Posts

AI augmentation is coming

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You like carrying your phone around and taking pictures. You like looking through the pictures stored on your phone, and you like showing your friends and family members pictures that you took on your phone.
Wouldn't it be convenient if you didn't have to look down all the time at that tiny screen? Wouldn't it be cool if you could just pull up a picture across your full field of view? Researchers develop an interface between your phone and your eyes, so that you can browse pictures without needing a phone screen. Maybe it's a set of contact lenses that display pictures in front of your pupils; maybe it's some fine wires interfacing with your optic nerve. Your friends and family get the same interface, so you can send them pictures that they can see with their own eyes too.
But what if your phone gets stolen? Nobody wants to lose all their pictures. That's why people are already using cloud storage to back up their pictures. Pretty soon there's not much poin…

Idea: Wiki for biographies

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A person has to be decently famous to have their own Wikipedia page. But everyone has an interesting life story, regardless of how famous they are. Someone should build a website where ordinary people can write summaries of their own lives, or where they can put up summaries of family members' lives after they have passed away. The site could even be linked up with a genealogy website like ancestry.com, so that you could see a full family tree and then click on an individual person to read a brief synopsis of their life.

Advice to MD PhD applicants

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I found this document that I wrote on January 16, 2014 with some advice for MD PhD applicants. It's basically a mishmash of "things I wish I knew before doing this whole crazy process" and "things I actually did that really paid off." For your enjoyment, here's the advice, with a few updates:
Application
Apply early. In practice this means get your primary app done early but it ALSO means: send in your transcript early! My university took months to send in my transcript so even though I submitted my primary application literally within a minute of the window opening, my application wasn't processed  at all until about two months later when AMCAS finally received my transcript. Also, even if you haven’t received secondaries yet, you can start working on them in the following way: go online to med school forums and find the prompts for the secondaries, which people will post, and then by the time you get your secondaries you can have your essays already wr…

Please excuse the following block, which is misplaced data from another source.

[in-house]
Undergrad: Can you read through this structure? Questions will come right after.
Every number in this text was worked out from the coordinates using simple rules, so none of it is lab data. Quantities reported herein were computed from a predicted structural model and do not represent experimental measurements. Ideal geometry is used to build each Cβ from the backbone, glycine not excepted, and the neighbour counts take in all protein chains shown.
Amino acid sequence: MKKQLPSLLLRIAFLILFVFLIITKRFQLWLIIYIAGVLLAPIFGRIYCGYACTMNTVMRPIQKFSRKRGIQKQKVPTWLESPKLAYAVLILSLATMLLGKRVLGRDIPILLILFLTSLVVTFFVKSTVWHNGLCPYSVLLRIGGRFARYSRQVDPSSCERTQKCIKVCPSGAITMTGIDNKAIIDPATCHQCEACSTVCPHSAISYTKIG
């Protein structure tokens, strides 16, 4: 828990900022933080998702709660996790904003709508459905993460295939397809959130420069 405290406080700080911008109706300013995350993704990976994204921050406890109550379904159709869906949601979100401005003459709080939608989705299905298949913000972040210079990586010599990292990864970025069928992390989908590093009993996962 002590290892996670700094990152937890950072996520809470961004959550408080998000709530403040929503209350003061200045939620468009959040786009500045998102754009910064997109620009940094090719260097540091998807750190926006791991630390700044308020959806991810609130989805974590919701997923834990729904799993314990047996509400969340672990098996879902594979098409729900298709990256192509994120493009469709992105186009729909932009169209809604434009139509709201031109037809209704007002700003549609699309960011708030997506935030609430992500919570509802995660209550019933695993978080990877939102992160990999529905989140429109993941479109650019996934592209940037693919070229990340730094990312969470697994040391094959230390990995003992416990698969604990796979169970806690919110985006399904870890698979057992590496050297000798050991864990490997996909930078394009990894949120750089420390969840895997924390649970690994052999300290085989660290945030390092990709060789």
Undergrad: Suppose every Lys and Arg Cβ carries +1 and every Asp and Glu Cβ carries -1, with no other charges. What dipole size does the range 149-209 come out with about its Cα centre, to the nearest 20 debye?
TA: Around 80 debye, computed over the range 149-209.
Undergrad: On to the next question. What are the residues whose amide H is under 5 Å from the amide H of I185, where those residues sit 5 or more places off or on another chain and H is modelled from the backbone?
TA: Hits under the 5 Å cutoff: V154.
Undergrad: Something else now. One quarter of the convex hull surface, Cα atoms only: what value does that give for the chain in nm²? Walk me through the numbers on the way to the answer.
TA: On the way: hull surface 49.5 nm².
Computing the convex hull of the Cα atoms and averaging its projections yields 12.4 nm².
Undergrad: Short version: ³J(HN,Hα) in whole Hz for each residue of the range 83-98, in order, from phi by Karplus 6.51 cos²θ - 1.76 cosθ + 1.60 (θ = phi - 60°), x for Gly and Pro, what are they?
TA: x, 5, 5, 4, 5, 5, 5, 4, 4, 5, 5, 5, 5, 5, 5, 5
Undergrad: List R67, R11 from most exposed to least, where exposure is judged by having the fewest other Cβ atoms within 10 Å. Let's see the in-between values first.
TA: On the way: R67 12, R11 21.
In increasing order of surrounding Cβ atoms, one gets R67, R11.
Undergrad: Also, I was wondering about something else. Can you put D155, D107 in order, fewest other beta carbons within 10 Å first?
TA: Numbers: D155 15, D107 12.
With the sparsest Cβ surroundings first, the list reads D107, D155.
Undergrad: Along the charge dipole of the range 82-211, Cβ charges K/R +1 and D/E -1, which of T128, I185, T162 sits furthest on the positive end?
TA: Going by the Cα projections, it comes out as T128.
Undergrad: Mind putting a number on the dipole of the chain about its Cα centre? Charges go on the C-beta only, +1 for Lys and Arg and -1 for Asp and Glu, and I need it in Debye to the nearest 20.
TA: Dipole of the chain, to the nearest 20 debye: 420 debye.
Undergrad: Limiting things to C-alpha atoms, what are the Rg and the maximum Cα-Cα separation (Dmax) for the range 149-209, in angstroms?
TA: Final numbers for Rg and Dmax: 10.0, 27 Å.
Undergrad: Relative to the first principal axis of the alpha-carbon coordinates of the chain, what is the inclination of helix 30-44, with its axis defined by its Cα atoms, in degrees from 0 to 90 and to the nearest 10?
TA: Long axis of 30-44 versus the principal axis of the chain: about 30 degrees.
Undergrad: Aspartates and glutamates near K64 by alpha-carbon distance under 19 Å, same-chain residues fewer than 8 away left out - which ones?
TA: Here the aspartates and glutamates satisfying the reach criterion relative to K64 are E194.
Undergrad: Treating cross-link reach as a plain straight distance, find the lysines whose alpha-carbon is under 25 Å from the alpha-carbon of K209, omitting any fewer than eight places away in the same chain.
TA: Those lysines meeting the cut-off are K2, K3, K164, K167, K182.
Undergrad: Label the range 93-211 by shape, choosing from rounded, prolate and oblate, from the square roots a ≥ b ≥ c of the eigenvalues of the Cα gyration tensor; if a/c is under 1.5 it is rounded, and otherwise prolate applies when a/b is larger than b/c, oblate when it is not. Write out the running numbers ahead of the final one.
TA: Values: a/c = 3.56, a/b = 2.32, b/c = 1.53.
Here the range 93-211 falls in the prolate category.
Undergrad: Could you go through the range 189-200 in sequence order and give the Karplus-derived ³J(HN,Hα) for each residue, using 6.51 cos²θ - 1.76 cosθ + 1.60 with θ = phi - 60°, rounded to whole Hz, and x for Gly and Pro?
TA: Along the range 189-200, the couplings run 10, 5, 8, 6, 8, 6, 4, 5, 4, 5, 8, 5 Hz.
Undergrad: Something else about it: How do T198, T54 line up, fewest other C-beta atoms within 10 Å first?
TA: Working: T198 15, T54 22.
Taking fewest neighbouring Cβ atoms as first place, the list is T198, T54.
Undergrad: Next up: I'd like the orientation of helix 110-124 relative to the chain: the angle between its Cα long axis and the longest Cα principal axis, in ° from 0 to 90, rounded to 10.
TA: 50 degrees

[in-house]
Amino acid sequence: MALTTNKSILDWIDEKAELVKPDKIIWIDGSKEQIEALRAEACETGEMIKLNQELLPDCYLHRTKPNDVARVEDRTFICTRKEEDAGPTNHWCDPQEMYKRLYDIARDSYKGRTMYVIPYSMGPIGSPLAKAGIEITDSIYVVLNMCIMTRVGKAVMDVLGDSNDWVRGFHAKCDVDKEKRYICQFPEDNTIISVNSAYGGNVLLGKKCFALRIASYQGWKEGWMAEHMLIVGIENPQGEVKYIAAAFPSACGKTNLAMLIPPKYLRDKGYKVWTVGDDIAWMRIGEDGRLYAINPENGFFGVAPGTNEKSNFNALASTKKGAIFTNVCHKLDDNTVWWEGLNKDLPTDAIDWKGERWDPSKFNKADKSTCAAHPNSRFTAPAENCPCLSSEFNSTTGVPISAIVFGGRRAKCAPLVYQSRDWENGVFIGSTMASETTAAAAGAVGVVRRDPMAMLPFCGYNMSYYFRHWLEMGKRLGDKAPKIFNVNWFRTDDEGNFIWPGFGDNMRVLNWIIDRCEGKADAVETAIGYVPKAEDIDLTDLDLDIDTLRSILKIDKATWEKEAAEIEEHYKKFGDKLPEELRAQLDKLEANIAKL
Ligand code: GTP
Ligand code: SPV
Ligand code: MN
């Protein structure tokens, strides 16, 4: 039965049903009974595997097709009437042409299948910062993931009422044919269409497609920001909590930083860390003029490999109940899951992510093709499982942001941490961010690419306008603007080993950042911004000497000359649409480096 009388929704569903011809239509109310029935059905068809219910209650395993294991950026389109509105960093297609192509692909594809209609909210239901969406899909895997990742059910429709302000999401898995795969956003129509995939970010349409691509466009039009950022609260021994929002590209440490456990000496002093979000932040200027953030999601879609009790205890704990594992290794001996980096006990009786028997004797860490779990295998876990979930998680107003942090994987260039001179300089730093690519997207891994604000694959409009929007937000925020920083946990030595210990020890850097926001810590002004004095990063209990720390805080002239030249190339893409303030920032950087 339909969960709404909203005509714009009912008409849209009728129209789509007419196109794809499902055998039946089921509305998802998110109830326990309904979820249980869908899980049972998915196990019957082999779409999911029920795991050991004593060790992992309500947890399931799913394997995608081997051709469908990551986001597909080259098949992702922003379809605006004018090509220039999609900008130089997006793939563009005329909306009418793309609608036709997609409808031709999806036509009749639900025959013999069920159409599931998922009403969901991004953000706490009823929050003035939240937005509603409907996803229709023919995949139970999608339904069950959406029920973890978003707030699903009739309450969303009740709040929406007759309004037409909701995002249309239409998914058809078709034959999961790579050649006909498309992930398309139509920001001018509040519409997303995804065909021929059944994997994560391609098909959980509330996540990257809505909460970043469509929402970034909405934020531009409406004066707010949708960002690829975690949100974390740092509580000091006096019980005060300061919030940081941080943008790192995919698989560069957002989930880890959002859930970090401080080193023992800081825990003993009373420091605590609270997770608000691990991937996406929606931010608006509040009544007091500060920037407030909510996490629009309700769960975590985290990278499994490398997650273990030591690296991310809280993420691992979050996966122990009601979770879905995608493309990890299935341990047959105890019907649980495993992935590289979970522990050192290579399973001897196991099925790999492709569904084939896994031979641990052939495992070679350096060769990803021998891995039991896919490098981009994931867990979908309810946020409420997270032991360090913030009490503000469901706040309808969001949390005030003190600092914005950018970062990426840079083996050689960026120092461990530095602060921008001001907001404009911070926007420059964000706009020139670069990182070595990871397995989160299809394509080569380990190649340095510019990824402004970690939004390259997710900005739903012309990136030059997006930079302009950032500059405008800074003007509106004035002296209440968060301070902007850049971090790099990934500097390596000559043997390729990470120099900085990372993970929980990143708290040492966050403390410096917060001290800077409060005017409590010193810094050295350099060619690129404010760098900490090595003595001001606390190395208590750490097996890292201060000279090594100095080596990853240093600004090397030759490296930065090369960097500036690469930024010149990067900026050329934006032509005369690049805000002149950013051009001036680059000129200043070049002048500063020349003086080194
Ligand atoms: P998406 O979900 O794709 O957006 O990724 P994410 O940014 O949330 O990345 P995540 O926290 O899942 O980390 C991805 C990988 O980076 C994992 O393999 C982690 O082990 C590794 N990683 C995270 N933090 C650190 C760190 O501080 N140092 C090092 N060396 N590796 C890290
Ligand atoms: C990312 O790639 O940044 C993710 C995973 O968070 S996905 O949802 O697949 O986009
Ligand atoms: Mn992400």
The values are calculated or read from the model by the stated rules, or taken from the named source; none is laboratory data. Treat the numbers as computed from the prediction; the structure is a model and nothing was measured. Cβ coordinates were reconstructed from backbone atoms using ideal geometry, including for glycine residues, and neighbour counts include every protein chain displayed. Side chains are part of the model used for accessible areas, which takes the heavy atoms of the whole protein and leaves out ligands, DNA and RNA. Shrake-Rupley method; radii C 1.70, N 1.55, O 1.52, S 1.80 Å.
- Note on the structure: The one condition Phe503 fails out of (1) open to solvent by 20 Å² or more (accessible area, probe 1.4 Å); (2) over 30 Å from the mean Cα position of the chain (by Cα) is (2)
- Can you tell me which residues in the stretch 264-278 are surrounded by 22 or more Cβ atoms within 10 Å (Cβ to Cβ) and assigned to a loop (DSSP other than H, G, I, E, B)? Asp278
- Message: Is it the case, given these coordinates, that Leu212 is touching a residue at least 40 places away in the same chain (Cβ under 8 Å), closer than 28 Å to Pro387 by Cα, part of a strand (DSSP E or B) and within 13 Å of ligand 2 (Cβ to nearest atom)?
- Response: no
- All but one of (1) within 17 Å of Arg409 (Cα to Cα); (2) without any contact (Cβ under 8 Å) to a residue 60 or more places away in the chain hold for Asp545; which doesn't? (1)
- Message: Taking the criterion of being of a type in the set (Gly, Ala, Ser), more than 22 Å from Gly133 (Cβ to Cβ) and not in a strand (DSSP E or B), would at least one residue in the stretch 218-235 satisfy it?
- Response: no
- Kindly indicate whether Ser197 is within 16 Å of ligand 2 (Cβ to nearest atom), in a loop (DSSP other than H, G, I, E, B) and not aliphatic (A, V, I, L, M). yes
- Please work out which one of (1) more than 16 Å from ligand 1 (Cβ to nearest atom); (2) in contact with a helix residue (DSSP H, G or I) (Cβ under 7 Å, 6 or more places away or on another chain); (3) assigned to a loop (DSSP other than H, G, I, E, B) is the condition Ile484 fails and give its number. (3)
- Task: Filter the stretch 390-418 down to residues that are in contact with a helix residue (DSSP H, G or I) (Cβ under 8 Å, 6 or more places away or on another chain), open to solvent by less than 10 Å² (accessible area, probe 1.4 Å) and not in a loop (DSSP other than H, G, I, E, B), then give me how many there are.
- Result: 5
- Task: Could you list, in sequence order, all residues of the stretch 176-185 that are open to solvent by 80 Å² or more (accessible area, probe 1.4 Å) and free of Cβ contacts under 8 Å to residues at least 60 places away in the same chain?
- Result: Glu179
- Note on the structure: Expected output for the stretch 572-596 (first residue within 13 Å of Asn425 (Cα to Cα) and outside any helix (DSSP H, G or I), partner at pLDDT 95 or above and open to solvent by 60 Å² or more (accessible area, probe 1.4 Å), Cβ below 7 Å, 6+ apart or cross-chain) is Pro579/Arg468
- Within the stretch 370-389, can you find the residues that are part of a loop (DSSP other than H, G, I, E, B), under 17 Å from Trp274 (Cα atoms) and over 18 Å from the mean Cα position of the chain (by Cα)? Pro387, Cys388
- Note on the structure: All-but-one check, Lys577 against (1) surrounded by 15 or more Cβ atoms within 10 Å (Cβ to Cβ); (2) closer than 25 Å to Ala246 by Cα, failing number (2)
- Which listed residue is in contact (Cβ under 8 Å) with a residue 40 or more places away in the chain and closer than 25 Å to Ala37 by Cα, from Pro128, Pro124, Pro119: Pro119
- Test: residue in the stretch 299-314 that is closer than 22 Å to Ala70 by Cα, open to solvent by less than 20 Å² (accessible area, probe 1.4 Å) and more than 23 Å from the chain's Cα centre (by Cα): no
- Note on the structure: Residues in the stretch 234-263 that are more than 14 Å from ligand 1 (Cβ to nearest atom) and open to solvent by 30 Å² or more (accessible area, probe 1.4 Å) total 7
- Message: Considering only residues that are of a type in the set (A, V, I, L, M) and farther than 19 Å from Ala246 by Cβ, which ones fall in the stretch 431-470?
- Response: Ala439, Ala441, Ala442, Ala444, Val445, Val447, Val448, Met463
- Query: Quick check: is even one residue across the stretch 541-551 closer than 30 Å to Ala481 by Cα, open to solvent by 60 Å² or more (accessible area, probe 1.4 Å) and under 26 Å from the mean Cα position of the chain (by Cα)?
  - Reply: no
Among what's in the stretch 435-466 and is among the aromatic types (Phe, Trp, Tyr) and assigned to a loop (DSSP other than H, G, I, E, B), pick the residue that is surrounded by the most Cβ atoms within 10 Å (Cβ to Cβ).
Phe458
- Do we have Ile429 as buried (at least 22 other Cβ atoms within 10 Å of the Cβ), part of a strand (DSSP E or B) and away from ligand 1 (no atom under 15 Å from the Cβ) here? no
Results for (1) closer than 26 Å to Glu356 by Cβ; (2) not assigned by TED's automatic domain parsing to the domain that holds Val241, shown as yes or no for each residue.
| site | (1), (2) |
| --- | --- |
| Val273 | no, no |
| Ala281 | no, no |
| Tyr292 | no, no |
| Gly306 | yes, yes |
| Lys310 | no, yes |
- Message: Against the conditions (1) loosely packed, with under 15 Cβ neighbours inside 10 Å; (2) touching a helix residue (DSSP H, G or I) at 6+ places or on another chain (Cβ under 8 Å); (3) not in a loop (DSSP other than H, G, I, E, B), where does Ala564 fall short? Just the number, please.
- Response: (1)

AMAZING!

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Your genome is approximately 825 megabytes of information1. That’s about the size of an operating system like Windows 8, or about 6 million pages of text containing 250 words per page – and it codes for an entire human body. The full text of “How to Make a Human” fits into a volume a hundred times smaller than a grain of rice.2
The fertilized egg you came from contained 2 meters of DNA total, and developed into you through approximately 5 trillion cell divisions. For that cell division to occur, interphase DNA molecules as long as 3-4 centimeters condensed into chromosomes whose length is measured in millionths of a meter. This is equivalent to squashing a string as long as two football fields into a case the size of a piece of mechanical pencil lead.3
football fieldslead

So here you are…made up of 10^14 (a hundred trillion: 100,000,000,000,000) specialized cells capable of carrying out all your body’s functions. Together, your cells contain 10 trillion meters of DNA, which is approxi…

A beautiful painting

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Save the spiders!

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Spiders are cool. There are over 45,000 species of spiders, ranging from the tiny 0.37 mm Patu digua from Colombia, to dinner-plate-sized Goliath "bird-eaters" (ref). Spider silk is an amazing substance - super-light, super-strong, and biodegradable - so scientists have been trying to copy it for years. Even spider bodies are a source of inspiration -  can you imagine how excited DARPA would be if they had a robot as small, inexpensive, and agile as a single spider? If you're still not convinced that spiders are inherently cool and inspiring, watch this video.
Patu digua
David holding Goliath
But it doesn't matter if spiders are cool - don't they bite people?! Spider bites are actually extremely rare. Almost none of the spider species around the world bite humans, and many are not even capable of piercing human skin. The major exceptions are black widow spiders, recluse spiders, Australian funnel web spiders, and Phoneutria spiders (this website can help you ident…

Clinical iron

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NOTE: I wrote this at the end of my first clinical year of medical school, in 2016. I have not modified it at all, except to ensure that any mention of patients is generic. Any “details” have been completely anonymized, to protect patient privacy.
REFLECTIONS: Clinical year is a year of branding-iron memories because it is a year of extremes. The last day of my first clerkship, medicine, we saw two deaths. “Take a look in that room as we pass by,” said my resident. “That man’s dead.” As we breezed past I saw a room packed with family and friends, surrounding the body of an elderly gentleman, who looked like he could have been a famous statue. Two hours later we were sitting in the workroom when the nurse poked his head in: “8:17 a.m.” Members of the team immediately left the room to check on the patient he was referring to, who during her hospitalization had been diagnosed with multiple infections, placed on a Niagara Falls of IV antibiotics, and succumbed to sepsis with only the nurs…